Posted:   Jan 19, 2017 - 11:28 AM   
 By:   WILLIAMDMCCRUM   (Member)

Brett's Holmes is wonderful, and he's a cracking actor, but comparing him to the recent Sherlock is pointless. The latter is a commentary on 21st century Aspergo-geekery and not meant to be 'representative'.

 
 Posted:   Jan 22, 2017 - 8:26 AM   
 By:   Jim Phelps   (Member)

Brett's Holmes is wonderful, and he's a cracking actor, but comparing him to the recent Sherlock is pointless. The latter is a commentary on 21st century Aspergo-geekery and not meant to be 'representative'.

For something "not meant to be 'representative'", Moffat and Gatiss sure went through a lot of trouble to make references to canon, and otherwise throw bones to longtime Sherlock Holmes fans, though I do agree with your assessment of the show, which sure went to crap with series three (actually series two, episode three).

 
 Posted:   Jan 22, 2017 - 9:23 AM   
 By:   WILLIAMDMCCRUM   (Member)

Brett's Holmes is wonderful, and he's a cracking actor, but comparing him to the recent Sherlock is pointless. The latter is a commentary on 21st century Aspergo-geekery and not meant to be 'representative'.

For something "not meant to be 'representative'", Moffat and Gatiss sure went through a lot of trouble to make references to canon, and otherwise throw bones to longtime Sherlock Holmes fans, though I do agree with your assessment of the show, which sure went to crap with series three (actually series two, episode three).



Hey, I didn't mean it as a put-down. The world has room for both.

The media have to tread a difficult line (the responsible media that is, and the Beeb have to be) between honouring and getting assimilated the new 'nerd' as a sympathetic hero for the future, whilst also challenging and questioning the darker side of that.

Try Netflix's 'Black Mirror' drama series by Charlie Brooker for the latter.

 
 
 Posted:   Sep 15, 2020 - 12:44 PM   
 By:   Xebec   (Member)

I've been rewatching the Brett Sherlock Holmes series and it's as good as i remember it. He really is excellent and full of life as Holmes. The little flourishes he gives the character and the showmanship he seems to revel in is really enjoyable to watch. The Patrick Gowers music is absolutely cracking. The first five episodes alone warrant enough for a CD. Such beautiful variations of the theme too.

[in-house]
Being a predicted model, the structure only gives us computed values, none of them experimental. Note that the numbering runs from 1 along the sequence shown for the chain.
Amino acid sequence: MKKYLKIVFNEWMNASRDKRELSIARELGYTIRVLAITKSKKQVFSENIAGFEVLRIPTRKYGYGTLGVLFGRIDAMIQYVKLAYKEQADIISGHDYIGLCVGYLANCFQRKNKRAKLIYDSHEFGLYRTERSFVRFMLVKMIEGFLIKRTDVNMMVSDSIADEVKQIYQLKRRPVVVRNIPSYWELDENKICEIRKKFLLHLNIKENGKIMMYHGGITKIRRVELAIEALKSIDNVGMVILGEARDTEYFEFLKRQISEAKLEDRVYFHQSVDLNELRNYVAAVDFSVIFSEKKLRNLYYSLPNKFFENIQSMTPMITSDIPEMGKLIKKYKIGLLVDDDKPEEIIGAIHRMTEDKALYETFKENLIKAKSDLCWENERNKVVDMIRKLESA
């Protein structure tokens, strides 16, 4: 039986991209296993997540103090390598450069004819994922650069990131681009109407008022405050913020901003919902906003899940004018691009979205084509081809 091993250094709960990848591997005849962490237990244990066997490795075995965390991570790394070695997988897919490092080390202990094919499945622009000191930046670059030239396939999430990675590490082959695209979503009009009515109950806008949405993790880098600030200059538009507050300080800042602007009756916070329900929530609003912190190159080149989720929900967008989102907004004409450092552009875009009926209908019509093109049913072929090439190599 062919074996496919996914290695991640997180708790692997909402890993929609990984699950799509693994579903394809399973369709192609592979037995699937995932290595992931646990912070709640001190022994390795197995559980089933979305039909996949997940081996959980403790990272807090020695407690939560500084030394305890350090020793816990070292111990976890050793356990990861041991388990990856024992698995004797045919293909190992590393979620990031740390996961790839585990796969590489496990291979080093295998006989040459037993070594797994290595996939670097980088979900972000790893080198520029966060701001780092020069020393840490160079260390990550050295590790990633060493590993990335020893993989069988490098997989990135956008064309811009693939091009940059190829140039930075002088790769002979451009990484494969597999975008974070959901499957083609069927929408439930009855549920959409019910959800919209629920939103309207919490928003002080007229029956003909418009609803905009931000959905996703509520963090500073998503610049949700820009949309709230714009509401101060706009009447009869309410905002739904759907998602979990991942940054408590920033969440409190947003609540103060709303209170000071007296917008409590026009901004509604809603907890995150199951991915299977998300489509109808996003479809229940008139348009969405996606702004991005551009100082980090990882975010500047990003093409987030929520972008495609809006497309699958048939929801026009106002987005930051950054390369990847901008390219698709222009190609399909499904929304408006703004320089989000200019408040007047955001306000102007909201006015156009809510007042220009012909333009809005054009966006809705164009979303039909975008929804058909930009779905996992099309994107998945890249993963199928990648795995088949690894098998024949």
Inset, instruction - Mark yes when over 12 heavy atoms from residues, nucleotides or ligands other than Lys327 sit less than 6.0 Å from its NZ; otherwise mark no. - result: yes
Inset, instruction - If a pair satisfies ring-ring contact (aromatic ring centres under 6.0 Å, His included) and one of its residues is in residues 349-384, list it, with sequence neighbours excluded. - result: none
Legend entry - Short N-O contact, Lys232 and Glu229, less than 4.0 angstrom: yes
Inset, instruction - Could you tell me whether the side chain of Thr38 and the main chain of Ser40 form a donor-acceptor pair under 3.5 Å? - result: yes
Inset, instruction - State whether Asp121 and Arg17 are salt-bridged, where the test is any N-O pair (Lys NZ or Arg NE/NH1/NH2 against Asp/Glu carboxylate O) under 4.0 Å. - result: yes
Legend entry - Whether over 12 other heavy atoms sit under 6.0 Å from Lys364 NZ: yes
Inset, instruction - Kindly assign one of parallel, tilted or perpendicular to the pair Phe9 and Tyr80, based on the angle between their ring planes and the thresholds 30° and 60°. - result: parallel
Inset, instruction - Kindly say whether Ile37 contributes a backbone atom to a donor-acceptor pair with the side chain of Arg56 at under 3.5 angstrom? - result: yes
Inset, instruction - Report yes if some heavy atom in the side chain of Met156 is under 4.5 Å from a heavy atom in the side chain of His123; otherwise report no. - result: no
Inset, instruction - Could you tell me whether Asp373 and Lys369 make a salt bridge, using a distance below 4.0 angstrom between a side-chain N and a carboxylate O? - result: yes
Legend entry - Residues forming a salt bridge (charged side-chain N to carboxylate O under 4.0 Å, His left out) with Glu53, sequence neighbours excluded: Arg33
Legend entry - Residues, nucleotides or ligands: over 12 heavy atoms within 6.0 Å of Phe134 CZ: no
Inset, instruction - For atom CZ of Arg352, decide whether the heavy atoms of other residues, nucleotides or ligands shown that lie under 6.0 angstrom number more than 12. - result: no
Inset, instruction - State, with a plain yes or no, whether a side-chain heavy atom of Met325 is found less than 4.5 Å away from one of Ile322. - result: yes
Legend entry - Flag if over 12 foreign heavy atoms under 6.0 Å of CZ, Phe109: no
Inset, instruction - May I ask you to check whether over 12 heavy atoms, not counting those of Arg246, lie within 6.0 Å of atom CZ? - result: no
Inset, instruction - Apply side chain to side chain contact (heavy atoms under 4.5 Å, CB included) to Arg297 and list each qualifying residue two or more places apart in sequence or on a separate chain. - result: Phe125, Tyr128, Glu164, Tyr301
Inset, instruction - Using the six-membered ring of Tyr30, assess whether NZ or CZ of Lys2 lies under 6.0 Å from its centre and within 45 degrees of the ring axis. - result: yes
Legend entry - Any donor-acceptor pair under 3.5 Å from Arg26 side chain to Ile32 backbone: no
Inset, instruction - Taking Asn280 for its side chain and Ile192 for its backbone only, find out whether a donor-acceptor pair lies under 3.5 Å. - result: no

Posted:   Sep 16, 2020 - 6:02 AM   
 By:   paulhickling   (Member)

I've been rewatching the Brett Sherlock Holmes series and it's as good as i remember it. He really is excellent and full of life as Holmes. The little flourishes he gives the character and the showmanship he seems to revel in is really enjoyable to watch. The Patrick Gowers music is absolutely cracking. The first five episodes alone warrant enough for a CD. Such beautiful variations of the theme too.

There was of course this cd:
https://www.youtube.com/watch?v=HS1_hqw12UI

 
 Posted:   Sep 17, 2020 - 9:38 AM   
 By:   Jim Phelps   (Member)

I've been rewatching the Brett Sherlock Holmes series and it's as good as i remember it. He really is excellent and full of life as Holmes. The little flourishes he gives the character and the showmanship he seems to revel in is really enjoyable to watch. The Patrick Gowers music is absolutely cracking. The first five episodes alone warrant enough for a CD. Such beautiful variations of the theme too.

I rewatched the entire series late last year. Sure, there are some bumps in the road towards the end of the run, but even those are all worth watching. Brett's health issues were no doubt the primary obstacle, but I admire how he soldiered on and continued to be imo the greatest Holmes ever seen on the small screen.

I have an obsession with "The Devil's Foot", which is the episode I watch first when I go through the whole series.

Looks like I'll have to "remaster" this thread (special thanks to the criminals at Photobucket for making this possible).

 
 
 Posted:   Sep 17, 2020 - 11:02 AM   
 By:   Xebec   (Member)

Charles Gray as Mycroft is ace - he's great in everything. I think a young Jude Law shows up in a much later episode if i recall correctly. Natasha Richardson was just in an ep. Lots of familiar British TV faces from the 80s. I like the effort they put into the street scenes too.

 
 Posted:   Sep 18, 2020 - 6:14 AM   
 By:   Jim Phelps   (Member)

Charles Gray appeared on an episode of The Rivals of Sherlock Holmes as detective "Eugene Valmont." Valmont was supposed to be a great detective, always banging on about all the cases he solved, yet the character apparently fails in all(?) of his stories, making the character a parody of the then-crowded detective field.

https://thrillingdetective.wordpress.com/2019/01/27/eugene-valmont/